(Ken Silva, Headline USA) As per a judge’s order, a mentally ill teenager targeted in an FBI counterterrorism sting operation is restricted from accessing records about the undercover informants he chatted with online before his arrest.
The judge’s order was made on Oct. 5 in the case of Davin Meyer, who was arrested in July as he was about to board an international flight in Denver, allegedly to travel to the Middle East and fight for ISIS. Meyer was 18 years old at the time of his arrest, and had been communicating with FBI informants since he was still a juvenile.
Meyer’s mother, who originally approached law enforcement out of concern for her son, said that the FBI entrapped the boy.
Following his arrest, Justice Department prosecutors sought a protective order to keep records about the FBI informants secret.
Meyer’s attorney initially objected to the protective order, which allows Meyer’s attorney—but not Meyer himself, unless he’s with the lawyer—to review records about the FBI informants. The protective order also restricts Meyer from taking notes while reviewing evidence.
The attorney representing Meyer had dropped his objections to the protective order shortly before it was granted in October. However, he said last week that they agreed to the protective order to avoid delays in receiving discovery.
Meyer’s lawyer has also argued that his client already saw records about the FBI informants, and therefore the DOJ hasn’t explained how allowing him to review those records alone would jeopardize security.
“This is a case about communications between a teenager with well documented mental health issues and two undercover agents,” Meyer’s attorneys said. “Nothing yet has been disclosed that suggests additional undercover operations implicating national security were in effect.”
In his motion last week, the attorney asked the judge to modify the protective order to allow Meyer to review FBI informant records without the presence of a lawyer.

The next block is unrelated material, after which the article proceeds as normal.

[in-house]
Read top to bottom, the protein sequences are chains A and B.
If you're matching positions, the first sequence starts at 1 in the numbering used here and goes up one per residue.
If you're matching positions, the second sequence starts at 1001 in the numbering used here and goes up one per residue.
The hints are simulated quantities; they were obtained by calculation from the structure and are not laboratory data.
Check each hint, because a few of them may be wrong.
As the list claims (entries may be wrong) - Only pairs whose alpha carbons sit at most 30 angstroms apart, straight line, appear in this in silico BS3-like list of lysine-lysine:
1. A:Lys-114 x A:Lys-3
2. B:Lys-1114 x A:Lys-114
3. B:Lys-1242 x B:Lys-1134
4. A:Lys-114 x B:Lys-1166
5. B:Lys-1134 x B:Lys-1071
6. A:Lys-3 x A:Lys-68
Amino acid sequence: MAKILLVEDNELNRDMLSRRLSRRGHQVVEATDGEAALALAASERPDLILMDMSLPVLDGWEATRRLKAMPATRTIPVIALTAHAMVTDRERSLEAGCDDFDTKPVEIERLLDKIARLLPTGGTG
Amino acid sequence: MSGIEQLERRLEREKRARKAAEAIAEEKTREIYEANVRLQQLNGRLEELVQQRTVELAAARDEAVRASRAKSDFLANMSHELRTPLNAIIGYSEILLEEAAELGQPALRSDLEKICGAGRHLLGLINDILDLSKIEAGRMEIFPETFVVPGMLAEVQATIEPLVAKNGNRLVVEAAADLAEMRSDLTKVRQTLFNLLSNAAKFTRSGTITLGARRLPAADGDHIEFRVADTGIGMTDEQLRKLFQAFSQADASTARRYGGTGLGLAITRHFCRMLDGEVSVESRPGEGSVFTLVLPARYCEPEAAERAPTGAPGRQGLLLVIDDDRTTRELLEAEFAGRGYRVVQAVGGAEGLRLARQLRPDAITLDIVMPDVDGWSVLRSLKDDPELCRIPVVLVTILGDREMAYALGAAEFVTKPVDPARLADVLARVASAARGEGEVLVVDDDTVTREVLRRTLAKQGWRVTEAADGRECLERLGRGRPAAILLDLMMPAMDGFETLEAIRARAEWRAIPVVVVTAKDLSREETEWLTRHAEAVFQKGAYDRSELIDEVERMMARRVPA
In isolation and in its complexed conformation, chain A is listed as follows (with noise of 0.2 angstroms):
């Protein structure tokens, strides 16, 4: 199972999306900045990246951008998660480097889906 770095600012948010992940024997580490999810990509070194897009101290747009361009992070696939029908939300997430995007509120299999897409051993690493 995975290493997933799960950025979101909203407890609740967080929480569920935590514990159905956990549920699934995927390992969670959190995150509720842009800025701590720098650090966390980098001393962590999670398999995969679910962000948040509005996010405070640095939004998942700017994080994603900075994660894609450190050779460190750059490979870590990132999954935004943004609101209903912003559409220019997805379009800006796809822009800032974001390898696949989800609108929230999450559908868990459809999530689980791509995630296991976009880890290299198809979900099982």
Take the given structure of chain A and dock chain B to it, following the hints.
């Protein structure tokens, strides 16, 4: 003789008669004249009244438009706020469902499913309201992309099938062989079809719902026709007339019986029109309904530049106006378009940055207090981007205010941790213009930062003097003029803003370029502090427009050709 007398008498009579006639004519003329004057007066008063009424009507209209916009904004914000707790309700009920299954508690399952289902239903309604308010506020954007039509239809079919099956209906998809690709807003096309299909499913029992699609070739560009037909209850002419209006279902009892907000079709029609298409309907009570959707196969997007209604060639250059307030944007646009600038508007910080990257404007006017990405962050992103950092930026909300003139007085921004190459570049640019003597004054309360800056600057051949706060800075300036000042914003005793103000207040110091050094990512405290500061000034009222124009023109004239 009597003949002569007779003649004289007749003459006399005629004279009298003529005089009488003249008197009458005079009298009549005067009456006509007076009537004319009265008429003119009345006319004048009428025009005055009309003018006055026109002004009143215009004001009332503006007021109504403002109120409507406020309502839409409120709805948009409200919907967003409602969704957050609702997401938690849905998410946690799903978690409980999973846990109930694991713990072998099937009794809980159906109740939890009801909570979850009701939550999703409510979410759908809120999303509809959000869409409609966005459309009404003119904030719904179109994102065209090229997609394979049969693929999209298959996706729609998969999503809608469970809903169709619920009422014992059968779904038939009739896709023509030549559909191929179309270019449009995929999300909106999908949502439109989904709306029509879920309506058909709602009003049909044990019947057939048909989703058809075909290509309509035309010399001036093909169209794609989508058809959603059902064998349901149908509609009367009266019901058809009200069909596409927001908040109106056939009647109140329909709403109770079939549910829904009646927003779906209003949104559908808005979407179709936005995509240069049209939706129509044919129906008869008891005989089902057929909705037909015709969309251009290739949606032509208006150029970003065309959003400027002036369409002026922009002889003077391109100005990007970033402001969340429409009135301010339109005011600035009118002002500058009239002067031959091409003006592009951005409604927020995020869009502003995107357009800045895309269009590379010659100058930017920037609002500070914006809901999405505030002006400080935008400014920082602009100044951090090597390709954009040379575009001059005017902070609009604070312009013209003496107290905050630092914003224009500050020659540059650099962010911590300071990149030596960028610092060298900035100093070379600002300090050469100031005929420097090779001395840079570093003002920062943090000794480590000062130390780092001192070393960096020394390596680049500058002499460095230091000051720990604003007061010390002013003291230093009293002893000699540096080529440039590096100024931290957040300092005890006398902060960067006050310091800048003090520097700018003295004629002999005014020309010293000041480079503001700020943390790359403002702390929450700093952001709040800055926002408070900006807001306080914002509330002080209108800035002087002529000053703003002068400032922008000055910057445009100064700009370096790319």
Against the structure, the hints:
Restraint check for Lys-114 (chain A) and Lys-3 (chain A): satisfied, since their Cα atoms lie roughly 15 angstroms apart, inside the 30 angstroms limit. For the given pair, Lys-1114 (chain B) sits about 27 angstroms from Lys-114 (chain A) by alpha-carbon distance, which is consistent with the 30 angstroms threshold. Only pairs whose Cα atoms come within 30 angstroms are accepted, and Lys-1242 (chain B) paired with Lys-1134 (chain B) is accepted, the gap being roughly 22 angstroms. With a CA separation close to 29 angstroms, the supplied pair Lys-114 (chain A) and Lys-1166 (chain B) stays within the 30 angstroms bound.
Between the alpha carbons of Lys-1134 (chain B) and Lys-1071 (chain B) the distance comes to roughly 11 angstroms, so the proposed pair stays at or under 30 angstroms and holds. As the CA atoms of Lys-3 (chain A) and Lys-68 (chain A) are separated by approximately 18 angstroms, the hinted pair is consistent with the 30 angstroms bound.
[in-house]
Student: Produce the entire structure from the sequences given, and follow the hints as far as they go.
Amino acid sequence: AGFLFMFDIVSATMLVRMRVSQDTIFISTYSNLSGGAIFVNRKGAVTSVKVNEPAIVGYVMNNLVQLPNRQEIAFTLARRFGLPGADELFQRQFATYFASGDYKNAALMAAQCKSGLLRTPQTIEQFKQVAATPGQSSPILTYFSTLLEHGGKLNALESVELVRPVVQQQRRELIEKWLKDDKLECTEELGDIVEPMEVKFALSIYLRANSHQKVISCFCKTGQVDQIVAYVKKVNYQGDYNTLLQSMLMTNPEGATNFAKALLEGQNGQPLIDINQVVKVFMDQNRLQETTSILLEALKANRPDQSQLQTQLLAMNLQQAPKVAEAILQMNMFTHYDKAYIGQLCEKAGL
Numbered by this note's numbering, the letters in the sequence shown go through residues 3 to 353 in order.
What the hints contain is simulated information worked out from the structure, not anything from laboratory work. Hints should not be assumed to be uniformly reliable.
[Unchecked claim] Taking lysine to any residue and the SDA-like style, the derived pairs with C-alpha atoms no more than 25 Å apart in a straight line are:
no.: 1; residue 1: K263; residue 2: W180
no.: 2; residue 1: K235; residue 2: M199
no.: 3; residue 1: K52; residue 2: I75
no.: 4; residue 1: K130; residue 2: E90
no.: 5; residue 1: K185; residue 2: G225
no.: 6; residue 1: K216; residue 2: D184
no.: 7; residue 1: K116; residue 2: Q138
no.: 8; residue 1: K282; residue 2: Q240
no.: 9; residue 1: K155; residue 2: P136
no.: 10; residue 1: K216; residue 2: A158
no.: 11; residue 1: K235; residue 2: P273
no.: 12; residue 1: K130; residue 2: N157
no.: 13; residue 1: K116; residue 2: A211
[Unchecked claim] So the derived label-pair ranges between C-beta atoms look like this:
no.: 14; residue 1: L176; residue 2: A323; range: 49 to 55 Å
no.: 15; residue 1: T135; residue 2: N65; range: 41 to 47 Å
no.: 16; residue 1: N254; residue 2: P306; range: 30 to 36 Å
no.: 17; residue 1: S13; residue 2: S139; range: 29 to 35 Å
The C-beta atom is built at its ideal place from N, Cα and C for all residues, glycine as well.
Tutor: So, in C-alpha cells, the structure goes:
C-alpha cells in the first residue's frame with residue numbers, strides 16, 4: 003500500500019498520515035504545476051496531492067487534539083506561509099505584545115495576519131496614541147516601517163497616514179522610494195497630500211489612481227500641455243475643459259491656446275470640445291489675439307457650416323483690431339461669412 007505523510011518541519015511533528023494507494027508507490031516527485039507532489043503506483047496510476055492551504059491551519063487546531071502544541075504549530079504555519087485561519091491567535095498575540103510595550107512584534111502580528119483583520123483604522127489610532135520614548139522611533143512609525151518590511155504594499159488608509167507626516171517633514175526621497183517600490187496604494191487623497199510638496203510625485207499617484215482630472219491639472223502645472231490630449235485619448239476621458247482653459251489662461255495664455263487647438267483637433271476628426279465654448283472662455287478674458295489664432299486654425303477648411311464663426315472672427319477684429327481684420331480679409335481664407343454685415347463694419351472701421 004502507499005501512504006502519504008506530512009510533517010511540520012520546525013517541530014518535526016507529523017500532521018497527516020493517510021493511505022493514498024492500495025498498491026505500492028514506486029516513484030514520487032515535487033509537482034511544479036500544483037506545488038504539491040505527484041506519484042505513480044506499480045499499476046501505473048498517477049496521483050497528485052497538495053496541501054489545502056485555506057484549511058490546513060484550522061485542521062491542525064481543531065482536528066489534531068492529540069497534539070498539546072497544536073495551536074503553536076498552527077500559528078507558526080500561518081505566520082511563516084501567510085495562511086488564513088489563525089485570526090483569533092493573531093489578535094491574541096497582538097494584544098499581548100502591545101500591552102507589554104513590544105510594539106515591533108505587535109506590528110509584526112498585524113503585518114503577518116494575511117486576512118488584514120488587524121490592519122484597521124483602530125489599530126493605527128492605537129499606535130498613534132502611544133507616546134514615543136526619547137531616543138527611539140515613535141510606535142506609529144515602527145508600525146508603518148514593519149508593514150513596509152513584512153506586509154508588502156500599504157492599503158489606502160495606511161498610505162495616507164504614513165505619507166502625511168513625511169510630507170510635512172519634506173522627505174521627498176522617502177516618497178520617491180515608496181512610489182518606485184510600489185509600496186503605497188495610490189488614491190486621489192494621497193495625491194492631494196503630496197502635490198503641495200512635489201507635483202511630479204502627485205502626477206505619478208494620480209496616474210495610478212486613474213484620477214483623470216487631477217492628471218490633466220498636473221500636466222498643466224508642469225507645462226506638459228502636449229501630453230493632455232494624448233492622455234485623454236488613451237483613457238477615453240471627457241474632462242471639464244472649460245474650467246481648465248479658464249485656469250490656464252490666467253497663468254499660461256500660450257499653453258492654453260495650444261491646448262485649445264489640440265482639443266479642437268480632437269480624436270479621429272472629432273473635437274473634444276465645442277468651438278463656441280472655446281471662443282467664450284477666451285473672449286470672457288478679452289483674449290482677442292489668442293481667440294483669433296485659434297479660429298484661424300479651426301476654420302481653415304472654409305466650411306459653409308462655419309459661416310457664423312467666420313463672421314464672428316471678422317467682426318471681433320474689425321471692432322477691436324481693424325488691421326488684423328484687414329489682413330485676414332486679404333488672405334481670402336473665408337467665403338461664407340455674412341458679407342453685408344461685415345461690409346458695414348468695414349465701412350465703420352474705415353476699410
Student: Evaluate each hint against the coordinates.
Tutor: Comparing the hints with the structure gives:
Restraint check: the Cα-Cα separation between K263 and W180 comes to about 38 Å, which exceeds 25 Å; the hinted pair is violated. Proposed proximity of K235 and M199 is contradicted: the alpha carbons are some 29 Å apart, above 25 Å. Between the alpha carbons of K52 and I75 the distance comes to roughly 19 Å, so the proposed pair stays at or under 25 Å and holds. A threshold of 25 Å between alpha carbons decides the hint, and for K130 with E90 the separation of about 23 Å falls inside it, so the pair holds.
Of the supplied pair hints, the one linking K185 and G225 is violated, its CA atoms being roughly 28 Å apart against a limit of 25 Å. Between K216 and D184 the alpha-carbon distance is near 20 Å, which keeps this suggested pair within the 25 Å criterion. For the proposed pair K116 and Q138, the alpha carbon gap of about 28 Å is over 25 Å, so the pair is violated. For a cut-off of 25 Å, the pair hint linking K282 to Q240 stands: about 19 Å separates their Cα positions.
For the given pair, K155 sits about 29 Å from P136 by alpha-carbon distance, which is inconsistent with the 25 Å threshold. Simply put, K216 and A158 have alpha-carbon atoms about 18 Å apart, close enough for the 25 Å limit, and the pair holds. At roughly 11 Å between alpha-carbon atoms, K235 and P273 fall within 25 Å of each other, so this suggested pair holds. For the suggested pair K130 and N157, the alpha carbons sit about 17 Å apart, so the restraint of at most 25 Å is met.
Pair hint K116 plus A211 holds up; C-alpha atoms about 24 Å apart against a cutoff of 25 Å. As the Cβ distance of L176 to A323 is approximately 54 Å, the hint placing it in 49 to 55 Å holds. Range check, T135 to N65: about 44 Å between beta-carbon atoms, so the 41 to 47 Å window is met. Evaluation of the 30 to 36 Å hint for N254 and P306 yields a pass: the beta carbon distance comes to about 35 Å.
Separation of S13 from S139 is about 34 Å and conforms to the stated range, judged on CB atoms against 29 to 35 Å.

“Mr. Meyer requests that he be able to access the [confidential human source] material in a manner similar to how he views all other discovery materials—in a supervised room with a computer and thumb drive containing the discovery materials,” the lawyer said.
“Further complicating his review of discovery in the currently imposed protective order is that fact that Mr. Meyer is housed in a county jail over two hours away from counsel’s office. Counsel does not have the resources, funding, or time to drive four hours each time Mr. Meyer wants to review the CHS Materials,” he said.
“To deny this reasonable request impacts Mr. Meyer’s ability to aid in his defense.”
The judge ordered the DOJ to respond to Meyer’s motion by Dec. 18.
Meyer is one of at least four teenagers to be arrested this year after being targeted in FBI online sting operations.
Before Meyer was arrested in July, the FBI announced in June that it arrested 18-year-old Mateo Ventura for intending to support ISIS. However, Ventura’s father, has also accused the FBI of entrapping his son.
A protective order is also in place for Ventura.
That order appears more limited in scope, only prohibiting the public disclosure of evidence about undercover FBI operatives. However, the order in Ventura’s case indicates that he wasn’t just targeted by FBI informants, but also by undercover federal agents and employees.
“The defendant and all counsel (the ‘parties’) are hereby bound to … restrictions with regard to any actual or cover name, identifier, or online account name used by any FBI Confidential Human Source (‘CHS’), FBI Online Covert Employee (‘OCE’), or FBI Undercover Employee (‘UCE’) and sensitive discovery material provided in this case,” the order in Ventura’s case states.
Along with Meyer and Ventura, the FBI announced in August the arrest of a 17-year-old boy for supposedly plotting to carry out an ISIS-inspired terrorist attack on American soil.
Most recently, a Catholic family claimed their 15-year-old son was arrested after being targeted by FBI operatives online.
Ken Silva is a staff writer at Headline USA. Follow him at twitter.com/jd_cashless.